Friday, February 27, 2009

Obama on the Economy

As much as I like having Barack Obama in the White House, and as much as I loved and admired his speech Tuesday night, I still think his economic policy overall and with respect to the financial sector is appalling. Either he doesn’t understand the problem, or he is catering to some power group and is unwilling to cross them in addressing the solution.
The concern is that, if we do not re-start lending in this country, our recovery will be choked off before it even begins. You see, the flow of credit is the lifeblood of our economy. The ability to get a loan is how you finance the purchase of everything from a home to a car to a college education, how stores stock their shelves, farms buy equipment, and businesses make payroll.

But credit has stopped flowing the way it should. Too many bad loans from the housing crisis have made their way onto the books of too many banks. And with so much debt and so little confidence, these banks are now fearful of lending out any more money to households, to businesses, or even to each other.

First, an economy for which the “lifeblood” is “the flow of credit” and that depends almost entirely on consumer spending is a piss poor economy. Obama is not trying to restructure a new economy, he is trying to restart the same old economy that failed. We have been spending more than we have been earning, consuming more than producing, and doing these as if there would never be any bill to pay. Well, the bill has arrived and Obama doesn’t want us to have to pay it. He wants to create more credit and more money, and restart the same process as if it won’t fail next time. He is restructuring everything else in our nation and merely tinkering with our failed economic model.

Don’t worry about another failure, though, because I don’t think there is a snowball’s chance in hell that he will get it restarted. To repeat his own words (emphasis mine),
And with so much debt and so little confidence, these banks are now fearful of lending out any more money to households, to businesses, or even to each other.

His solution to restart lending is to simply pump more money into the banks. We’ve already done that and they didn’t start lending. Of course they didn’t; did he not hear his own “with so much debt” part? Who are they going to lend it to?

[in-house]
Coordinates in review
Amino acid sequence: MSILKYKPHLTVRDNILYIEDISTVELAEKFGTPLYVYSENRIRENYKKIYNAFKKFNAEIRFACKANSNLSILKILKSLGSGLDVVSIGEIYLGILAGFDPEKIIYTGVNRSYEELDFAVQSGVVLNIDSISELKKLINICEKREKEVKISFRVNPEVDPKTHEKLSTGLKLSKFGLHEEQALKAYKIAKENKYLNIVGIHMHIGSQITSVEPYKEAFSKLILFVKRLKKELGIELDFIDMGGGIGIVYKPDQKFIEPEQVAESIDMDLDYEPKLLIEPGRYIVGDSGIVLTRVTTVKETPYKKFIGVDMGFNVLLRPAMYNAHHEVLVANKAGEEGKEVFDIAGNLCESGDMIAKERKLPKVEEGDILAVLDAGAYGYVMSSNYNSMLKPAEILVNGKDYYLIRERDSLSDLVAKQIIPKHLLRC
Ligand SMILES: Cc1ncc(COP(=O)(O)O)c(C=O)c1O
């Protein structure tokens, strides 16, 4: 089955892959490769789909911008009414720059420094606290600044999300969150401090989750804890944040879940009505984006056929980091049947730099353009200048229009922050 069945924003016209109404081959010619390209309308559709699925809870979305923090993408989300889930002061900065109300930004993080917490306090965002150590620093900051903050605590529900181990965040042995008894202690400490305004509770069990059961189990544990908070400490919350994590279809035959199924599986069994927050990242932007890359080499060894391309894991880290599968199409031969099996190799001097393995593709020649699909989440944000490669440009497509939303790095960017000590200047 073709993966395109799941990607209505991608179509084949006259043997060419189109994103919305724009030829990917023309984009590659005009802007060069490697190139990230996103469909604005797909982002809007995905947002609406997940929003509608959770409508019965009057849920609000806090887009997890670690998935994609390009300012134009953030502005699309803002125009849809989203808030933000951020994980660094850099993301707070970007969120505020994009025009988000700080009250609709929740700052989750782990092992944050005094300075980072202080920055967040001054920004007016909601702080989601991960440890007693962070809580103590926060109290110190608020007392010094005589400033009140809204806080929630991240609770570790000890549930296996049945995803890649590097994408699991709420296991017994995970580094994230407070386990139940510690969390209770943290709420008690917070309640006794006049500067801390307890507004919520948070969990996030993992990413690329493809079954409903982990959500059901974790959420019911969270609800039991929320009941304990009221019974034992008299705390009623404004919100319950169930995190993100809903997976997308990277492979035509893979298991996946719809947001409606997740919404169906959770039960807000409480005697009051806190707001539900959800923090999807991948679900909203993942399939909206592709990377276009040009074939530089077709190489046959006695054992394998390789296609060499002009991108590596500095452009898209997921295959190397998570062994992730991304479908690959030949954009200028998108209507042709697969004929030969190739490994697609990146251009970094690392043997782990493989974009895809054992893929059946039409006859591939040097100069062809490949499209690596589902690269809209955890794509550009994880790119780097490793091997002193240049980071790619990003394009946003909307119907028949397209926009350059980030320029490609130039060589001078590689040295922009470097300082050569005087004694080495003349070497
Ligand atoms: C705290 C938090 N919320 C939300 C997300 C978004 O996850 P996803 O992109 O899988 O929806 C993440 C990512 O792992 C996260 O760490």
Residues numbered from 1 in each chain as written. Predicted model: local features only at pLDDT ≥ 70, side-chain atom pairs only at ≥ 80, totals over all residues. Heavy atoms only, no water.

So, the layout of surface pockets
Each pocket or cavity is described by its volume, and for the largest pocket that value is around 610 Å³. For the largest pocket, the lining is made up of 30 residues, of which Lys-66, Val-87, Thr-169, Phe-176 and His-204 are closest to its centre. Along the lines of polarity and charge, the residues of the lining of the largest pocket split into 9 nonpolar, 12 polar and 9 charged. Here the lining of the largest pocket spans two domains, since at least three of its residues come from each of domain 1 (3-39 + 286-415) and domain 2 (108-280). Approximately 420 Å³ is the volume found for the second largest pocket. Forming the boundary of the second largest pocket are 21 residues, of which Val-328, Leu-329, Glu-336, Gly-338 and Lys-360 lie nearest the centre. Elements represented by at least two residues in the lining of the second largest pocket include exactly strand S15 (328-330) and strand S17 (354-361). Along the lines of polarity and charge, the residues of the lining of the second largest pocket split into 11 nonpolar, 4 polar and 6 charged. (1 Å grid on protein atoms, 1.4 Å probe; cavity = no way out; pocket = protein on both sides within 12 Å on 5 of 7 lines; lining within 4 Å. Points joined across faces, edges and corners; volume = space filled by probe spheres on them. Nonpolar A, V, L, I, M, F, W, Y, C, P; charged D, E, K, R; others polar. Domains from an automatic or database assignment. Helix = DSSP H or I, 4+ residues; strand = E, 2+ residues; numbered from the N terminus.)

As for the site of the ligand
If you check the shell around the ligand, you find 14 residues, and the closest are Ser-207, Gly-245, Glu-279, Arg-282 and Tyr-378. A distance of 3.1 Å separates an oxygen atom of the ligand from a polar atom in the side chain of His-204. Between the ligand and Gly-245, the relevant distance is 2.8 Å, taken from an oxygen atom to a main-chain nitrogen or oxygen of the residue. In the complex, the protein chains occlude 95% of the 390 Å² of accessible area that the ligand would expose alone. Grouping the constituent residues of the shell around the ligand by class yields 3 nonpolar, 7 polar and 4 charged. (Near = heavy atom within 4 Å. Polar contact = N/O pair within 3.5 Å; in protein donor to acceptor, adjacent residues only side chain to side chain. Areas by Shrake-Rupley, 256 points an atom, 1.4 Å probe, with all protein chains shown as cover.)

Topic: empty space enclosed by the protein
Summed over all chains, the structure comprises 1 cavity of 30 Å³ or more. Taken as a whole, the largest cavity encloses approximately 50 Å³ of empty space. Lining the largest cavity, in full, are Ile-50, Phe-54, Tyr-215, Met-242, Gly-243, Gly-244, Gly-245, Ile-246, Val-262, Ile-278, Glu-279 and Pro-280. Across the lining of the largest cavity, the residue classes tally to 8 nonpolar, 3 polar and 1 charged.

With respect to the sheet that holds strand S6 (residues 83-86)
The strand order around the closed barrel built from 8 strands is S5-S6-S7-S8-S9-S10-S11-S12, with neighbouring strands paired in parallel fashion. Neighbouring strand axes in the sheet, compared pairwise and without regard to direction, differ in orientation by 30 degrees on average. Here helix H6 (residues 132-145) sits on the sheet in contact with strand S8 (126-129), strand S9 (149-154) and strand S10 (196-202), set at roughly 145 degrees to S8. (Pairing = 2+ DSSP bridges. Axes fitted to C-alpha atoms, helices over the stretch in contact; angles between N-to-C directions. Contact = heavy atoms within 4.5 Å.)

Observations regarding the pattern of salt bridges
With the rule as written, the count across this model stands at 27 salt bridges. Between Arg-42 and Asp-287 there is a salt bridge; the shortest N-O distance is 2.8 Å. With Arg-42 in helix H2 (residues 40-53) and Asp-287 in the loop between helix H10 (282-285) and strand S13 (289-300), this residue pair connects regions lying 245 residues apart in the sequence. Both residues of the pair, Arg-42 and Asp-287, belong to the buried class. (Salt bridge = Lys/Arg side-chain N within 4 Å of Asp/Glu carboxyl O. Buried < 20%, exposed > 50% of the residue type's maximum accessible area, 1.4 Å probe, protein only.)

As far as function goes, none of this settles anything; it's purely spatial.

Are they going to lend to the people with bad mortgages who are in the process of restructuring those mortgages or simply defaulting on them? To the five million people who are drawing unemployment benefits, or the millions more who are not working but who don’t qualify for benefits?

Maybe they will lend it to Ford, GM or Chrysler? Or to all of the other businesses as badly underwater as those are? Or to manufacturers who don’t want loans for new equipment because the equipment they have is already running at 50% of capacity and dropping?

So with more cash the banks will lend money to each other? Oh, great.

He’s got a grip on helping the “people who, through no fault of their own, owe more on their homes than those homes are worth.” Oh, good, 0.01% of the economic crisis has been solved.

BJ over at Newshoggers is saying what I’ve been saying since the mortgage default issue first became a big economic crisis.
In any case, if you want to start laying blame, take a close look at just what those “toxic assets” everybody is looking to offload are. They aren’t mortgages, because mortgages, even those in default, are easy enough to value. What they are, are derivatives and securitizations of the mortgages and other loans, often enough several times removed from the actual mortgage. Oddly enough, trying to determine the value of securities so far removed from the initial loans that you don’t even know what loans you’re covering turns out to be a lot more difficult than the wizards of Wall Street thought it would be.

If I own a paper that contains 20% of someone’s mortgage, how do I know that maybe a hundred or so other people don’t also own 20% of that same mortgage? Maybe only four others own 20% each, but the point is I don’t know, and therefor I cannot accurately place a value on my piece of paper. It is now a “toxic asset” and worth only what someone is willing to pay me for it, probably zero.

And when I buy “insurance” on my assets from a guy that is, in fact, a scammer selling bogus paper based on money he doesn’t have, how much are any of my insured assets worth once it becomes know that they are not insured. They also now are “toxic assets.”

Pay off those mortgages and what happens to those toxic assets? Right, they are still toxic because the cat is out of the bag and isn’t going back in. So helping those homeowners is all well and good, certainly it’s popular, but it does nothing toward solving our economic crisis.

JFK said that we chose to go to the moon not because it was easy, but specifically because it was hard and America does hard things. Obama has adopted that same theme, that we do that which is difficult because it is our nature to do so, and I applaud him for that. He applies that to the health care issue, to changing the way we use energy and to the way we educate our young people.

He still wants to fix our economy the easy way.

1 comment:

  1. Anonymous11:41 AM

    What you call the "easy" way to fix our economy doesn't seem that easy to me; as in, if it won't actually FIX the economy, it wasn't the "easy way to fix" it. Besides, what you seem to want is precisely to NOT "fix our economy", but replace it with a BETTER economy. A commendable, and eminently moral, idea -- but will people go for it? As in, will they go for an economy not predicated on consumption who's main point is to relieve over-production?